This weeks Parsha is Parshas Balak. In the Parsha we read the amazing story of Bilaam, and Balak, and their attempt to destroy the Jewish people. Balak, the King of Moav, engaged Bilaam, who was a great prophet, to curse the Jewish people. Our Sages teach us that the reason Balak went to Bilaam was that he felt that to overcome the Jews, whose power was in their speech, he needed someone who had power in their speech. Bilaam was renowned for his power to curse others with disastrous effects. However, this requires some explanation. How could it be that Bilaam could be a prophet, someone who communicated with Hashem, yet still be able to be so wicked? Wouldn’t we expect someone who has such great spiritual powers to be a righteous and good person?
In Ethics of the Fathers we are taught about the difference between the students of the wicked Bilaam, as opposed to the students of Abraham. “Whoever has a good eye (looks at others favorably), a humble spirit, and a meek soul (seeks little physical pleasure) is from the disciples of Abraham. Whoever has an evil eye (looks at others begrudgingly or with jealousy), an arrogant spirit, and a greedy soul are from the disciples of the evil Bilaam… At first glance this is very puzzling. If the Sages want to tell us the difference between the disciples of Abraham and of Bilaam, why do they have to talk about character strengths or flaws? Wouldn’t we expect them to talk about actions and deeds? Wouldn’t the simple difference be that the disciples of Abraham are putting on tefillin, studying, praying, and giving charity, while the disciples of Bilaam are doing all sorts of sins and immoral acts?
The story is told of a girl who asked her friend for a recipe. A short while later she came back to complain to her friend. “Why did you give me such a terrible recipe? The food I made with it tastes horrible!” Her friend was astounded. “I’ve used this recipe for ten years and it’s always tasted delicious!!” She went to see what her friend had done. After looking at her kitchen for just a couple of minutes she realized what the problem was. “Look, she exclaimed!! Your pot is filthy!! Of course the food that is made with a pot that is dirty will taste bad!”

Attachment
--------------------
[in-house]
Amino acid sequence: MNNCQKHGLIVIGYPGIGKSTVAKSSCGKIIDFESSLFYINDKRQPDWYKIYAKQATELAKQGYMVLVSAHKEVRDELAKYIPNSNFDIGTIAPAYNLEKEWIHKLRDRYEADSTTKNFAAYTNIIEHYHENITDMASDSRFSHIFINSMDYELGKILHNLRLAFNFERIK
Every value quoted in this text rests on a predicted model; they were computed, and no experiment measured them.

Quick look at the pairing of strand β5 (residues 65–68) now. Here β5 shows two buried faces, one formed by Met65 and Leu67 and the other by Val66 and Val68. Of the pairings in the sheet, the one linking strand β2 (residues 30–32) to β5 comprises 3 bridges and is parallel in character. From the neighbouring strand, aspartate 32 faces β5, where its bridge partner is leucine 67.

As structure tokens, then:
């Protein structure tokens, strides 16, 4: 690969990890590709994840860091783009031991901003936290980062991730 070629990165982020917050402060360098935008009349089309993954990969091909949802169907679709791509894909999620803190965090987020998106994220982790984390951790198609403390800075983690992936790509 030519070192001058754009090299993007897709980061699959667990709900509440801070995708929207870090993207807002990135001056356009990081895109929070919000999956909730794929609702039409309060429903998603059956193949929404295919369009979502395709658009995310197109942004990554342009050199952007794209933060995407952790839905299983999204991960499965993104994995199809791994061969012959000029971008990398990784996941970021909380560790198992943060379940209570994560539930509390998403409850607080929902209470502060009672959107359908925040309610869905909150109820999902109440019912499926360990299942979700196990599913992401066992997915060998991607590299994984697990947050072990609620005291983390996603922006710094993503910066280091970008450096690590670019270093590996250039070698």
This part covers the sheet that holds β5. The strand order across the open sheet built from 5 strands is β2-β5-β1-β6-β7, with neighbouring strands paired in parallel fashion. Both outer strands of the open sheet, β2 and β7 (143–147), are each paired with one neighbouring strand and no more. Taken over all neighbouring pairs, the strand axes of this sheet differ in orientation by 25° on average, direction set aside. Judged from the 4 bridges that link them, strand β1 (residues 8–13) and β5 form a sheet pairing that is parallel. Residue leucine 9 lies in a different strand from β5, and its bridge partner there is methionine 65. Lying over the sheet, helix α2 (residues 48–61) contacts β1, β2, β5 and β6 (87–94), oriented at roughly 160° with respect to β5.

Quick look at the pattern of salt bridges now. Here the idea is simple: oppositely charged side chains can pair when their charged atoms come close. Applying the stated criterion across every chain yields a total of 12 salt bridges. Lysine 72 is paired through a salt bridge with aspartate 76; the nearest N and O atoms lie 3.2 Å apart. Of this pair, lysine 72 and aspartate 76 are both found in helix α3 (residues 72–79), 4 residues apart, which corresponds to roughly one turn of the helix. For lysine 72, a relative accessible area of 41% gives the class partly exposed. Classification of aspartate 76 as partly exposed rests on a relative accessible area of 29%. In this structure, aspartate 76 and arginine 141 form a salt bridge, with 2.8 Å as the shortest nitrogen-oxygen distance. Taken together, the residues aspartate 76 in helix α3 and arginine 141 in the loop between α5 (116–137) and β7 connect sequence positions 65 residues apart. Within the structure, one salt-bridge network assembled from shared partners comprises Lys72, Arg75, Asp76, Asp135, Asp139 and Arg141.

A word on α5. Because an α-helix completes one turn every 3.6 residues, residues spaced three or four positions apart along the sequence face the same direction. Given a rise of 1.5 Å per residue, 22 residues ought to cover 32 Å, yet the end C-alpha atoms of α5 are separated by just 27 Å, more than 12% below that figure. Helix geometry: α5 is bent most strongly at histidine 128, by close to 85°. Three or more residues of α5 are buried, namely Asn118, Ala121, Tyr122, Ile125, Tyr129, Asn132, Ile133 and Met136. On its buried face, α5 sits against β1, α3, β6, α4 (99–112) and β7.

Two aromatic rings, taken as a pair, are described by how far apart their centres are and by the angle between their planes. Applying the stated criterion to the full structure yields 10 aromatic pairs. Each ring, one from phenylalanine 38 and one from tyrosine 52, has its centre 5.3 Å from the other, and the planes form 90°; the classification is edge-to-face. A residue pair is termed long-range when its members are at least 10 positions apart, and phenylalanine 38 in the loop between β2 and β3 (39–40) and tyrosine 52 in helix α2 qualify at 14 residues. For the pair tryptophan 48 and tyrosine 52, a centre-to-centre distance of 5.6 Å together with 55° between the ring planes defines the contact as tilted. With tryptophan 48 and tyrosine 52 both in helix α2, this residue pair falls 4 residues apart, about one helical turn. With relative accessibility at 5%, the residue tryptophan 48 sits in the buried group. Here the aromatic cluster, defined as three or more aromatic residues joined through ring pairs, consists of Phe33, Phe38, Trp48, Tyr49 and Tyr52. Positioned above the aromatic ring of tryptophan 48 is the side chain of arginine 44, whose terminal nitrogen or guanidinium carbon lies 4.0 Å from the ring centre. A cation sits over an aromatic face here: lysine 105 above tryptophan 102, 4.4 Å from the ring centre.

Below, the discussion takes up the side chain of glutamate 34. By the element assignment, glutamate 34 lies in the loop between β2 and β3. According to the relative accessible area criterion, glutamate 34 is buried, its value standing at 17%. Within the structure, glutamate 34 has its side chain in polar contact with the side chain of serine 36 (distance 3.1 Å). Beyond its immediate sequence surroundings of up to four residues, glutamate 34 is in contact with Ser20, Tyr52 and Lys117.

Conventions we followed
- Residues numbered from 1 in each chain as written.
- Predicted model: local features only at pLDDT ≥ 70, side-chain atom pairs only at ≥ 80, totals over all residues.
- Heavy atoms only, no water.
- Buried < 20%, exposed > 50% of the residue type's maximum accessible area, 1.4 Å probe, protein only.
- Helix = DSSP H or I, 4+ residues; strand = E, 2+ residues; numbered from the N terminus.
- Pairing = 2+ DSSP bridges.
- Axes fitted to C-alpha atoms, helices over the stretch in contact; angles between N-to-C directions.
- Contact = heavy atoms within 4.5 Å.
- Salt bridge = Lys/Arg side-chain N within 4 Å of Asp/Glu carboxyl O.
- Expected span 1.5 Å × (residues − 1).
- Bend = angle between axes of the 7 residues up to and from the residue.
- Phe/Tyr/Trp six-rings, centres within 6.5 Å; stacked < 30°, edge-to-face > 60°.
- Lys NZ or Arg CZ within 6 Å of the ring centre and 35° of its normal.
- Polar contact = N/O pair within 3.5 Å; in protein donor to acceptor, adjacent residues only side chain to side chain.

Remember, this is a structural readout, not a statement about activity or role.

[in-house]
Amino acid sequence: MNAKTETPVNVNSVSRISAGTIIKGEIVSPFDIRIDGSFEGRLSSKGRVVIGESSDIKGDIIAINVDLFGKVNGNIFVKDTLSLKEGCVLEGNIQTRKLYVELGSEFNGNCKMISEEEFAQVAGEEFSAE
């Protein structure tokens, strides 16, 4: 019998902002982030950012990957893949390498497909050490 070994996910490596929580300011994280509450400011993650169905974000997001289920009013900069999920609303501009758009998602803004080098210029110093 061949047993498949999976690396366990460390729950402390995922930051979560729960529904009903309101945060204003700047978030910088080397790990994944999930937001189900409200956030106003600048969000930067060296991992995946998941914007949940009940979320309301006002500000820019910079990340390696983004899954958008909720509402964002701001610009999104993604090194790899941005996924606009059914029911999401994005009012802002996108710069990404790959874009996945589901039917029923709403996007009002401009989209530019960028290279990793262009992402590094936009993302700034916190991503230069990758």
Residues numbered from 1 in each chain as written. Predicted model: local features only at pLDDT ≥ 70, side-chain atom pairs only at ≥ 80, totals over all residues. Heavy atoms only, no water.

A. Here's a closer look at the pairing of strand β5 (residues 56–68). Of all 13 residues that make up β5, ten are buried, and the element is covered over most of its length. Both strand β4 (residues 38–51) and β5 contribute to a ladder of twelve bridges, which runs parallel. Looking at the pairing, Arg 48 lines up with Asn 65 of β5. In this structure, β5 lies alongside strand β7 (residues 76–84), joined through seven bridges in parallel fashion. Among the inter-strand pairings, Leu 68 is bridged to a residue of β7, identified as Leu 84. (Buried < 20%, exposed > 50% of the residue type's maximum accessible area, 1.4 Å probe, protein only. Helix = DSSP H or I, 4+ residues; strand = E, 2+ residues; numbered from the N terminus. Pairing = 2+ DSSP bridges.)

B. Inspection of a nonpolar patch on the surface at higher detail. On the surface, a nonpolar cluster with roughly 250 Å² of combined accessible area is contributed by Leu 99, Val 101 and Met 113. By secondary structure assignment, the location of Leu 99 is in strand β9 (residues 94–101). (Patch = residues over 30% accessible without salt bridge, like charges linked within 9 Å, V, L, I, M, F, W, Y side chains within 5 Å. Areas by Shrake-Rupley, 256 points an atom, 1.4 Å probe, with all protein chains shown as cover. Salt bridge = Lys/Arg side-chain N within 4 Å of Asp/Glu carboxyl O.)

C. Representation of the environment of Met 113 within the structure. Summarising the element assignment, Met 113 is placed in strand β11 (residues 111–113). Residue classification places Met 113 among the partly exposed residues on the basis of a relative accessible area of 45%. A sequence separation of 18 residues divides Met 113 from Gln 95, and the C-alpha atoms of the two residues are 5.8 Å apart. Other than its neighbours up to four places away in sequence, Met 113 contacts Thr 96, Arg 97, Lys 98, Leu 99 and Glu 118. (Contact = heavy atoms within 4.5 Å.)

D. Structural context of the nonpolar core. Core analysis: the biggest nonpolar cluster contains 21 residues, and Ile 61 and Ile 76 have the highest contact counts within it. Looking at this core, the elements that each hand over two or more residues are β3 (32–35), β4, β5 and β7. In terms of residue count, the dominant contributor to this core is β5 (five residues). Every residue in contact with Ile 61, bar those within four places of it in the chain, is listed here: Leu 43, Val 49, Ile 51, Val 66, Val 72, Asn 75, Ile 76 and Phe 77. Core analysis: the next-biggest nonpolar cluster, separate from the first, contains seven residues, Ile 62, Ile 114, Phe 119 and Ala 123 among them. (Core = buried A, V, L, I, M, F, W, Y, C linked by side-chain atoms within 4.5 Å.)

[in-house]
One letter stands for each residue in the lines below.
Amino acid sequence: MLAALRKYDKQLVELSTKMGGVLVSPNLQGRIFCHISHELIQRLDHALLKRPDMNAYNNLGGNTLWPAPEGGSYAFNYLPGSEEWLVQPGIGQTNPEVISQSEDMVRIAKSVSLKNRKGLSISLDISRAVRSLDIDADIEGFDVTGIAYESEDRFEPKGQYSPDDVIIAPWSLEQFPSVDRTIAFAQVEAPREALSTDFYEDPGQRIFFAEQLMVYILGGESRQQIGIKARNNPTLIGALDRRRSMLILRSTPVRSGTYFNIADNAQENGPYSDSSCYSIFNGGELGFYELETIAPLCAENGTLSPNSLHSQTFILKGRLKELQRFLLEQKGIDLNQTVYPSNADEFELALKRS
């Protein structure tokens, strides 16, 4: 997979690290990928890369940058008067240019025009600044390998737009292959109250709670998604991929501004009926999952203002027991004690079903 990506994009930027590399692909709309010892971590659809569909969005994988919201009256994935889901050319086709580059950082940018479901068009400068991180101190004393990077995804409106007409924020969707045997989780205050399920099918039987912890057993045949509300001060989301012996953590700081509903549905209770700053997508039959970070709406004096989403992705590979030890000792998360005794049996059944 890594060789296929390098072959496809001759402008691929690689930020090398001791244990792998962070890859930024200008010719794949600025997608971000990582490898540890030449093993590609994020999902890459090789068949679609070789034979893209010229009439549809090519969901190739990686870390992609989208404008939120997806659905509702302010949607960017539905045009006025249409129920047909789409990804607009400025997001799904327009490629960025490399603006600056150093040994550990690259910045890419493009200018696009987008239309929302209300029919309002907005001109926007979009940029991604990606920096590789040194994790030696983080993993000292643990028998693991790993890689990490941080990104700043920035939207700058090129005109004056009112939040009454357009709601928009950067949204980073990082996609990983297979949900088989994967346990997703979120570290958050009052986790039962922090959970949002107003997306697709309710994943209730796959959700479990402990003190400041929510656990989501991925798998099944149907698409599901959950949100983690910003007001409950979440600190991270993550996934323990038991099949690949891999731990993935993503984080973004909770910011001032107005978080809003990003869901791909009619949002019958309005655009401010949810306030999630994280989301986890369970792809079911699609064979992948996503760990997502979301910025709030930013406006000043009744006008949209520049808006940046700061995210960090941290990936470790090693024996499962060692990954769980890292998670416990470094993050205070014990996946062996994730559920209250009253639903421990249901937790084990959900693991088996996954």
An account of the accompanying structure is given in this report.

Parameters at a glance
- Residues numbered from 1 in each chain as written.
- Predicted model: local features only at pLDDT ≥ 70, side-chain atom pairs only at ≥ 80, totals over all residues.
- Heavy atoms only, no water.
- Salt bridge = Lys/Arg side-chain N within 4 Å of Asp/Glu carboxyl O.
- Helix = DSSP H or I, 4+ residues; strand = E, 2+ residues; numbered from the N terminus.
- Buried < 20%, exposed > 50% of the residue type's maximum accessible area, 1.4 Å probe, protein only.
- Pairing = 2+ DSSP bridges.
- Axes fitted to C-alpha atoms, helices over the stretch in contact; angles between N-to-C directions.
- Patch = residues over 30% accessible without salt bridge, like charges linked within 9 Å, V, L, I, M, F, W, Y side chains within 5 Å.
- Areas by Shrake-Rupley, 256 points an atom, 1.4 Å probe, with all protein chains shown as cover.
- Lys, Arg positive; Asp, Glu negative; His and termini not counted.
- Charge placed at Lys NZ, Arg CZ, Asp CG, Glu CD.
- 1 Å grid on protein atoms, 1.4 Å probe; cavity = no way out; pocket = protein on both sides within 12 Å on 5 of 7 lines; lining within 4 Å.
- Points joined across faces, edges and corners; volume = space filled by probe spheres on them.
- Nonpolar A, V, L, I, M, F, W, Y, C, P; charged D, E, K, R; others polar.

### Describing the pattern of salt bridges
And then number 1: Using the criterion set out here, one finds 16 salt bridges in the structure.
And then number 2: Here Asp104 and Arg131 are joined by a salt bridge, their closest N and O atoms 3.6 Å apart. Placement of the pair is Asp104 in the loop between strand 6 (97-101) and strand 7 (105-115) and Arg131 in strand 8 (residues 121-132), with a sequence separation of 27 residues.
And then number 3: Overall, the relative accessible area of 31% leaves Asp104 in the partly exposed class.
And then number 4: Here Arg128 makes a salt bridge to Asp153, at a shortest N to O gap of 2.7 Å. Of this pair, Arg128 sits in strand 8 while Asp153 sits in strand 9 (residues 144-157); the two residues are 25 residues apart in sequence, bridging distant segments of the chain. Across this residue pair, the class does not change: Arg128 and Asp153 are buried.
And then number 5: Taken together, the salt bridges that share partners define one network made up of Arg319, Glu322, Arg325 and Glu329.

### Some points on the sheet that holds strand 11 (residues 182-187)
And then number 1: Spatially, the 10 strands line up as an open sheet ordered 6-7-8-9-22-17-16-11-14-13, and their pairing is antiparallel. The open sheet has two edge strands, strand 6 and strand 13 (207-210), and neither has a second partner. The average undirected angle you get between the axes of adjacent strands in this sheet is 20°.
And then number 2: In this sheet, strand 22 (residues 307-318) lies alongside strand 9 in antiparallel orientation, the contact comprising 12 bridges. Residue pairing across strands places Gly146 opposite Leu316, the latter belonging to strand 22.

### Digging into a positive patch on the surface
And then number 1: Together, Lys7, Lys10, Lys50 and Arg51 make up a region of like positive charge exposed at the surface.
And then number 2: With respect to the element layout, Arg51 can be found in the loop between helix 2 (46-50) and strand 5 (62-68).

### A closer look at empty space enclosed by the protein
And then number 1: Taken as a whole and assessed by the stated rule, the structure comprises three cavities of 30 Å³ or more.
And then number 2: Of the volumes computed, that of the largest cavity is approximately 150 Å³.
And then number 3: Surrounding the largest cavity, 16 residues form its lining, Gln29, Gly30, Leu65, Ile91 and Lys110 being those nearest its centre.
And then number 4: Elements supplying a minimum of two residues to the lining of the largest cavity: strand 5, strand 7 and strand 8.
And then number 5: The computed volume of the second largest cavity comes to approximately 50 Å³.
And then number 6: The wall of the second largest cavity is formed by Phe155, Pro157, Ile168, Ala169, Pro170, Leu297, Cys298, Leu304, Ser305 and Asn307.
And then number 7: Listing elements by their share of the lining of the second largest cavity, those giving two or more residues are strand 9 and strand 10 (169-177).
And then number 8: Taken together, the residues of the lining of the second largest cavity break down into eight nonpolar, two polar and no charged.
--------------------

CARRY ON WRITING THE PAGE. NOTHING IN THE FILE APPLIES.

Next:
This is the answer to both questions posed above. Certainly in understanding what spirituality is, and being a man of great wisdom, Bilaam was very great. However, the tremendous flaws that caused his terrible downfall were in his character traits. When the Sages want to show what is the source of his shortcomings, they point to flaws in his character. Even a person with the greatest knowledge and mind, can still fall short in areas of his character development.
This is the great challenge that we carry with us throughout life. We must try to constantly work on improving our character, and uprooting bad character traits. Our tendency to get angry, our temptations for physical pleasure, our feelings of jealousy… are all character traits that must be dealt with and corrected. The famed Rabbi Yisroel Salanter taught us that it is easier to study the entire Talmud than to change even one character trait. This is the lifelong job we have, little by little to improve and better our character, as we strive to be disciples of Abraham. As the saying goes, “Rome wasn’t built in one day”. We can’t expect our character traits to simply change overnight. However, if we try to improve, little by little, we certainly are assured that we will succeed!!